• providing a streamlined pathway for the community to access specialist mental health services and advice
  • ensuring faster and accurate access to specialist mental health services for all members of the Metro South community
  • introducing evidence-based mental health triage tools to determine the caller’s ‘need’ and ‘urgency for service’
  • ensuring all enquiries/transfers-of-care are reviewed against a clinical framework to provide consistency and quality-of-service delivery
  • strengthening relationships and collaboration between all providers of mental health services in the Metro South area
  • improving continuity-of-care for patients and their families requiring access to services after hours
  • reducing emergency department presentations and representations
  • improving clinical, operational and statistical data collection regarding service access, entry and service impacts/outcomes—allowing the service to learn and grow.

What happens when you call

Initial telephone conversation

When a caller telephones 1300 MH CALL they will speak to an experienced clinician who will ask them a series of questions about why they are calling.

The aim is to:

  • determine whether the caller requires a specialist mental health service intervention
  • identify symptoms of acute mental illness
  • identify possible self harm and/or suicidal behaviour or thoughts
  • determine the level of risk of harm to self or others
  • determine the level of risk of harm to children (including pregnancy)
  • initiate an emergency response where extreme and high urgency is identified.

Where transfers-of-care are made by third parties (concerned friends, carers, health professionals, schools and others) every attempt is made to speak to the identified person in order to complete the assessment process.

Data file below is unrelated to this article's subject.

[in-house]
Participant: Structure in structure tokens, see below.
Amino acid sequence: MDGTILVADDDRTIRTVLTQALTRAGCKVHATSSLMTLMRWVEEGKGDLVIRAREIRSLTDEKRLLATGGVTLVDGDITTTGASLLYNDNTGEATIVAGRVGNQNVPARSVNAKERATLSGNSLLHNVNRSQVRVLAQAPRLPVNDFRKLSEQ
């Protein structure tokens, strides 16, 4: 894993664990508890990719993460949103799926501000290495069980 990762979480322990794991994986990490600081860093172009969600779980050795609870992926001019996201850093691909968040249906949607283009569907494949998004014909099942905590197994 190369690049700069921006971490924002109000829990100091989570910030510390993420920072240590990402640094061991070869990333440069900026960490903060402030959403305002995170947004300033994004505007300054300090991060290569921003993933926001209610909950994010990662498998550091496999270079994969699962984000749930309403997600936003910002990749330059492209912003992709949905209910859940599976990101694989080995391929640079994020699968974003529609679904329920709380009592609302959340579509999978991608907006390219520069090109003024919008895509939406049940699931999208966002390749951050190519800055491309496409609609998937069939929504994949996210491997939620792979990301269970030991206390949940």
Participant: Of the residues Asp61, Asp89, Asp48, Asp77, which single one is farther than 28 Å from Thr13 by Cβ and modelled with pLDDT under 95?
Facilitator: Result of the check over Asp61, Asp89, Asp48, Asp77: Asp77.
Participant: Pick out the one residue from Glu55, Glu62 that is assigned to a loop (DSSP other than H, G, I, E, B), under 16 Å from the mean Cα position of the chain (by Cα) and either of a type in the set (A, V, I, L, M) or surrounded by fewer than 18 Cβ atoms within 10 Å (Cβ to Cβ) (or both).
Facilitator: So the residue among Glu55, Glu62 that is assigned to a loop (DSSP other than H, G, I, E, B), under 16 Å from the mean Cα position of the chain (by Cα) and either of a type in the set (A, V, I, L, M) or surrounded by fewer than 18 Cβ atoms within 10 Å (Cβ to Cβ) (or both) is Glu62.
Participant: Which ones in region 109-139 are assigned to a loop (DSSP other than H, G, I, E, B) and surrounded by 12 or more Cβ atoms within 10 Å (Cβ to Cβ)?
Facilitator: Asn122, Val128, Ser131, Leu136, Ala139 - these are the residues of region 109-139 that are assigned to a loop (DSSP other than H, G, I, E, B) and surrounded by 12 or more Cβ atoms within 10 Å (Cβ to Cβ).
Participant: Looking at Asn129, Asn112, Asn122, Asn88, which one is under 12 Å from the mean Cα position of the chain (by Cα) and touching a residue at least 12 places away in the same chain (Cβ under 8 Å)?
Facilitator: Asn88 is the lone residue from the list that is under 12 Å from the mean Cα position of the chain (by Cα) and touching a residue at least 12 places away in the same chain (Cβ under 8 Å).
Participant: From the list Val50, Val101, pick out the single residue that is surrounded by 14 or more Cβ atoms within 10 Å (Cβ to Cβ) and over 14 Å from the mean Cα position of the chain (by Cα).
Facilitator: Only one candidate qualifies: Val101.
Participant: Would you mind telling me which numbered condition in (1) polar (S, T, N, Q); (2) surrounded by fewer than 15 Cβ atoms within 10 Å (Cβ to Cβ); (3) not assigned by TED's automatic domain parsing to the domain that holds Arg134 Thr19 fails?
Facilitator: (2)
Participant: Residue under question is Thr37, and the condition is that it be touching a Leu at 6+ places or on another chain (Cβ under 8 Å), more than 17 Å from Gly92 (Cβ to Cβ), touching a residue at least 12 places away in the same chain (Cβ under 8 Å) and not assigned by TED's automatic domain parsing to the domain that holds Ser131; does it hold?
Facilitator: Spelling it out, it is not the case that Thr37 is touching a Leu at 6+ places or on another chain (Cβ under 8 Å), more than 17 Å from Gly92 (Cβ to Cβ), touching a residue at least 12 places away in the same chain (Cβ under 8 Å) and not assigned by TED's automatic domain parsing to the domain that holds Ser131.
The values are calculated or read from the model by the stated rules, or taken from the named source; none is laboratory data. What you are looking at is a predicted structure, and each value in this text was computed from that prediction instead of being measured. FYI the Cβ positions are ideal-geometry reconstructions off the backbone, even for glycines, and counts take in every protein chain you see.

Support needs established

Once the clinician has asked a series of question they will determine whether MSAMHS intervention is required and then do one of the following:

Where MSAMHS intervention is required
Following the triage assessment, a recommendation and an interim plan is formulated including a response timeframe for those accepted for care into MSAMHS. The caller will be transferred to the care of one of MSAMHS’ specialist Academic Clinical Units (ACU).

These comprise:

  • Inpatient Services
  • Psychosis
  • Mood
  • Older Adult
  • Child and Youth
  • Consultation Liaison
  • Rehabilitation
  • Addiction Services
  • Transcultural Mental Health.

Where MSAMHS intervention is not required

The clinician will:

  • identify the service most likely to meet the needs of the person (transition the caller to a more appropriate agency)
  • identify local community health services and other relevant services
  • give the caller clear and concise information about the services available and options for further assessment or treatment (including to call back should the situation escalate)
  • refer the person to the service likely to meet the identified need for further assessment or treatment
  • ensure inclusion of explanatory services which may be culture bound
  • ensure that the caller has a clear understanding of the triage process and subsequent follow-up actions.

Resources

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Last updated 19 May 2017
Last reviewed 9 October 2015